We’re all more or less dead on the inside while we travel, and now the latest bullshit offering from Kickstarter is here to make sure we look dead on the outside, too.
What is this? A pint of dragon fire ice cream? An alien planet model? Speckled clay? Amazingly, it's the cross section of a golf ball. Photographer James Friedman captured the innards of different golf balls and unexpectedly revealed a core that look more like they're from outer space than anything in this world.
Looking like something out of the Matrix or some sci-fi horror movie, this stunning photo captures something rather impressive. But what the hell is it? A robotic surgeon, perhaps? Maybe the next generation of badass 3D printers? Or could it be a massive robotic eye?
It is in fact... the rough surface of a starfish, snapped by zoologist Alexander Semenov. He explains:
This bright, bobbly surface looks like something from another planet—but it's actually a photograph of something that's quite common on Earth. Can you work out what it is?
These objects seems to vary from shapeless blob to chaotic scribble—but they are in fact short-lived structures that have been captured in fine 3D detail for the first time. Can you work out what they are?
It is in fact, none other than that famous mathematical constant Pi. The image is a "walk" made out of the first 100 billion digits of pi, in base 4.
This ragged cloud of color looks messy and unstructured—but in fact it's a rare and unusual view of one of the most fundamental things in science. Can you work out what it is?
The mystery object is, in fact, the asteroid Toutatis. It was snapped last week by China's Chang'e 2 probe when it flew by the lump of rock. The three-mile-long asteroid was 4.4 million miles from Earth when Chang'e 2 passed it by, missing the tumbling rock by just 2 miles.
This thing looks like a potato or a chunk of root ginger—but it's not. In fact, it's something far larger, and more exciting, but can you guess what it is?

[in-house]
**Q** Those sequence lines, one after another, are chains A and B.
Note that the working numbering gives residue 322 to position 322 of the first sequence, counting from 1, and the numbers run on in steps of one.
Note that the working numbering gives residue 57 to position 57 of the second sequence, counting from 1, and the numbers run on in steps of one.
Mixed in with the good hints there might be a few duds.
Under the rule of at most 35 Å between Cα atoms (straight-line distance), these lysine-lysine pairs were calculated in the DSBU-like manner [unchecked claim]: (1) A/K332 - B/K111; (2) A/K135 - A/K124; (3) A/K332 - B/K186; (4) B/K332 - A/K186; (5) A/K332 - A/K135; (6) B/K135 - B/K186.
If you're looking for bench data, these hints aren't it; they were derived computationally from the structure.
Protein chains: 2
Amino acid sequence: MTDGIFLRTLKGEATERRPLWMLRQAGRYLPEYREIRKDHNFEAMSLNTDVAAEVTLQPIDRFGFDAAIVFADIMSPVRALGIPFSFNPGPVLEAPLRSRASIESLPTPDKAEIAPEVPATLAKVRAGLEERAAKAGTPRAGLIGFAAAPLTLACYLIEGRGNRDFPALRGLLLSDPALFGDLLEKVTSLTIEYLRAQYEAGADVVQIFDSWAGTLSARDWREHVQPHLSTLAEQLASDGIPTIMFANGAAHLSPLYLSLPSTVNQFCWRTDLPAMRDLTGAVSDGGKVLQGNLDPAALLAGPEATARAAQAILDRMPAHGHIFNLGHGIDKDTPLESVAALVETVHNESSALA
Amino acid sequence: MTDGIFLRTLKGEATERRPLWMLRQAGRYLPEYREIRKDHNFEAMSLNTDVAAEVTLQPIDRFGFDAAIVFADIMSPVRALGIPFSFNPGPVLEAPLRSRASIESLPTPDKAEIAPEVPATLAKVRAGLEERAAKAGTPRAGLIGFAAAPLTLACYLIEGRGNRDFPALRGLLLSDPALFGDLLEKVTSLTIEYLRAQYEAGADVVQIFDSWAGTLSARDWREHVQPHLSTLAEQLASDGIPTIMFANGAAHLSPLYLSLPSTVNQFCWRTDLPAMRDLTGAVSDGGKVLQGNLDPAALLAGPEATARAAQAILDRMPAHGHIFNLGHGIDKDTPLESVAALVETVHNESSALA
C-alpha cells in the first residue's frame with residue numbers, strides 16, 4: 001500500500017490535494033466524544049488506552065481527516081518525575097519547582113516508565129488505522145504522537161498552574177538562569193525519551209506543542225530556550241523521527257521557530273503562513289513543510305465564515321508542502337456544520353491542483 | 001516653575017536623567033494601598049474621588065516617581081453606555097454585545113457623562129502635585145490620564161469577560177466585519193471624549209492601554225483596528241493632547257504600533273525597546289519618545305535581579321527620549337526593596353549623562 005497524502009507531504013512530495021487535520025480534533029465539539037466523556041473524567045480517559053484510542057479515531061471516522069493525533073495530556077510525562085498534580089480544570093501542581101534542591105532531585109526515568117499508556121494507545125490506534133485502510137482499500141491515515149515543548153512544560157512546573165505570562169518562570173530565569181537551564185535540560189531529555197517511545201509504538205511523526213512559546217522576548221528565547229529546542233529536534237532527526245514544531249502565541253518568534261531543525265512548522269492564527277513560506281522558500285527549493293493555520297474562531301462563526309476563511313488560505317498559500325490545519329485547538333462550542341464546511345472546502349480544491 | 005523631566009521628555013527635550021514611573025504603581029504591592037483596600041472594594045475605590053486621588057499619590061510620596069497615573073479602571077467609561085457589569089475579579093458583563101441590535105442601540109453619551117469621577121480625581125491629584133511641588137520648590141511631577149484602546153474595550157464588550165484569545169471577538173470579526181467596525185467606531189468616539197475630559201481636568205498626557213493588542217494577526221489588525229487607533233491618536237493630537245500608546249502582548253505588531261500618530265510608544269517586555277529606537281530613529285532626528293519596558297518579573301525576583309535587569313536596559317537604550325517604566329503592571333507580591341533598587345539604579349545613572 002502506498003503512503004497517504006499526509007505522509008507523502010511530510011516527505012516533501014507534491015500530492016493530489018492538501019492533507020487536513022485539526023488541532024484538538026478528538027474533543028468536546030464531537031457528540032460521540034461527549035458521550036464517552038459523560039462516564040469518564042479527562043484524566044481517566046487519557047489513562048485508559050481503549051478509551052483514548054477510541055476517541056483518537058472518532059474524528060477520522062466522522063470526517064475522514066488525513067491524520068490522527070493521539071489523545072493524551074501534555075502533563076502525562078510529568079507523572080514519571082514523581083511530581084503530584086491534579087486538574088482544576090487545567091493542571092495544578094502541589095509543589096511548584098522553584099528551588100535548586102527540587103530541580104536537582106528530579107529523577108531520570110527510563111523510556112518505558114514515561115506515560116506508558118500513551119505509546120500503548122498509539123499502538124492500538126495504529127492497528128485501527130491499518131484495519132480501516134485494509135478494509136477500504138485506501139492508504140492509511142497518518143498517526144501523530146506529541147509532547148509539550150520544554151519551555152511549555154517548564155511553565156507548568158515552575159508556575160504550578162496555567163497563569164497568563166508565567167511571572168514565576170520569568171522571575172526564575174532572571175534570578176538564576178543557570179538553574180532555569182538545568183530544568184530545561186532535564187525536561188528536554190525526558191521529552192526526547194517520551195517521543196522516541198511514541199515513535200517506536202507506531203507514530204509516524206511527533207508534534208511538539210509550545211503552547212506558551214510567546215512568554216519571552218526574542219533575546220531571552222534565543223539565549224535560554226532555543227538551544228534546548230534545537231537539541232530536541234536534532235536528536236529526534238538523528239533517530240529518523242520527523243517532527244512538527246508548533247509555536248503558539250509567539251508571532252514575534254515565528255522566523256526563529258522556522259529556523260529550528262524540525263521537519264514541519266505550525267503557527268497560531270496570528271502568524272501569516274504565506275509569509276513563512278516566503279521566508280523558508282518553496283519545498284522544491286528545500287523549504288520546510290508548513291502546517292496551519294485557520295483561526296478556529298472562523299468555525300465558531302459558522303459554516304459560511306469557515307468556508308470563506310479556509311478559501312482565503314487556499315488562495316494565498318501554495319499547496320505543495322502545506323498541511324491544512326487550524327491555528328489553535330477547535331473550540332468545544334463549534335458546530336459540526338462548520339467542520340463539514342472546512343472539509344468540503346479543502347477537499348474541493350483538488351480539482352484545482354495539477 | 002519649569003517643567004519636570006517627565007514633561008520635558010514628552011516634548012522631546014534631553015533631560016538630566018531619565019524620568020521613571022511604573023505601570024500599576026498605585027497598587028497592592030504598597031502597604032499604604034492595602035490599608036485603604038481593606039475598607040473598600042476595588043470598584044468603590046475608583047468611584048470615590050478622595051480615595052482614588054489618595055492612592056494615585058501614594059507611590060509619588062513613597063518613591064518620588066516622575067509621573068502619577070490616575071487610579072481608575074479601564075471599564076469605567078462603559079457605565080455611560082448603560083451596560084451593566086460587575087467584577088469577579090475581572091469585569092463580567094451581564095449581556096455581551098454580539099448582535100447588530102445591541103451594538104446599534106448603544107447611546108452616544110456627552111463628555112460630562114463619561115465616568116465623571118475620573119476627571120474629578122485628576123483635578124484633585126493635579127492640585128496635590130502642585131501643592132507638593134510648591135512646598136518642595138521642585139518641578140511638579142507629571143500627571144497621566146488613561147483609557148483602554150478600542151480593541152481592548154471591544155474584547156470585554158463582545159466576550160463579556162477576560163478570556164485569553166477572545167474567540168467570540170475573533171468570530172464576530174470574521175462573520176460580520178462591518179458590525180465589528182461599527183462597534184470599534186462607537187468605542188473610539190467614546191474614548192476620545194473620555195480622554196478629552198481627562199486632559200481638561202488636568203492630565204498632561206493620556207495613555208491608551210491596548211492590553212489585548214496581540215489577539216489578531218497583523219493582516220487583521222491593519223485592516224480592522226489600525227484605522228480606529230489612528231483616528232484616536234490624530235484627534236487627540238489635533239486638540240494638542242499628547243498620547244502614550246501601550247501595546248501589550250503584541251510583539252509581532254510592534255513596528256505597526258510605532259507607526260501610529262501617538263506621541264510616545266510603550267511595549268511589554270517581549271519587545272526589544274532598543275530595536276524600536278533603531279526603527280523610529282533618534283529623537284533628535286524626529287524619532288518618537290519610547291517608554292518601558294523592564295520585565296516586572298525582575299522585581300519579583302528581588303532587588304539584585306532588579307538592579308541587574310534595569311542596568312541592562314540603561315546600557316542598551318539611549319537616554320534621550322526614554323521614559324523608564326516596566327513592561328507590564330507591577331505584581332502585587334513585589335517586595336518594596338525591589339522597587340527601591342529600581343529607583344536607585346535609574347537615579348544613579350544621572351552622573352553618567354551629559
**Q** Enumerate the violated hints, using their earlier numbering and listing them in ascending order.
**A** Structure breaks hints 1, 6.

The grain gives away that it's obviously made of wood, but what is this tshirt-shaped slab of lumber supposed to be? The latest in eco-friendly fashion? An alternative to undershirts that's easy to clean with a sanding block? Not even close.
Is this some strange new GM flower? An awful piece of abstract art? Or just what happens if you take too much LSD? Actually, it's none of those things; keep guessing, you'll never get it.
Oakland-based artist Annie Vought carves paper-and-ink notes of correspondence into intricate sheets of lace-like lettering.
Garth Britzman's "Pop Culture" is an environmentally green art project, comprised of 1,500 recycled plastic beverage bottles. Each bottle is filled with colored water and hangs from a string of varied length. The result is a brilliant, stained glass-looking canopy meant to call attention to our consumer "pop" culture…
The British artist David Marsh has devised a clever way to combine his two favorite things—Adobe design software Pantone color swatches and album cover art—with a nod to Pointillism. Each finished piece uses 1,369 Pantone swatches to recreate a pixelated version of some of the most famous album artwork of the past…
Is this scorched protrusion a robot genital wart? A satellite fragment? A melting CPU? Keep guessing!
Are these geodes? Is that a view from inside Hef's grotto? Kate Bush's brainmap? Nope! None of the above.
Is that a stained glass window dedicated to man's excess? Nope. A MoMA exhibit capturing our disposable lifestyles? Sorry. A corporate logo treatment for a recycling facility? Not exactly, but it is related to turning trash into something beautiful.
Is that a proton torpedo exploding through space? Nah. Maybe the world's most incredibly unsafe powerline crackling in the night sky? Or how about a CGI bit from The Hobbit? Well, no, but close. It has to do with a dragon, see.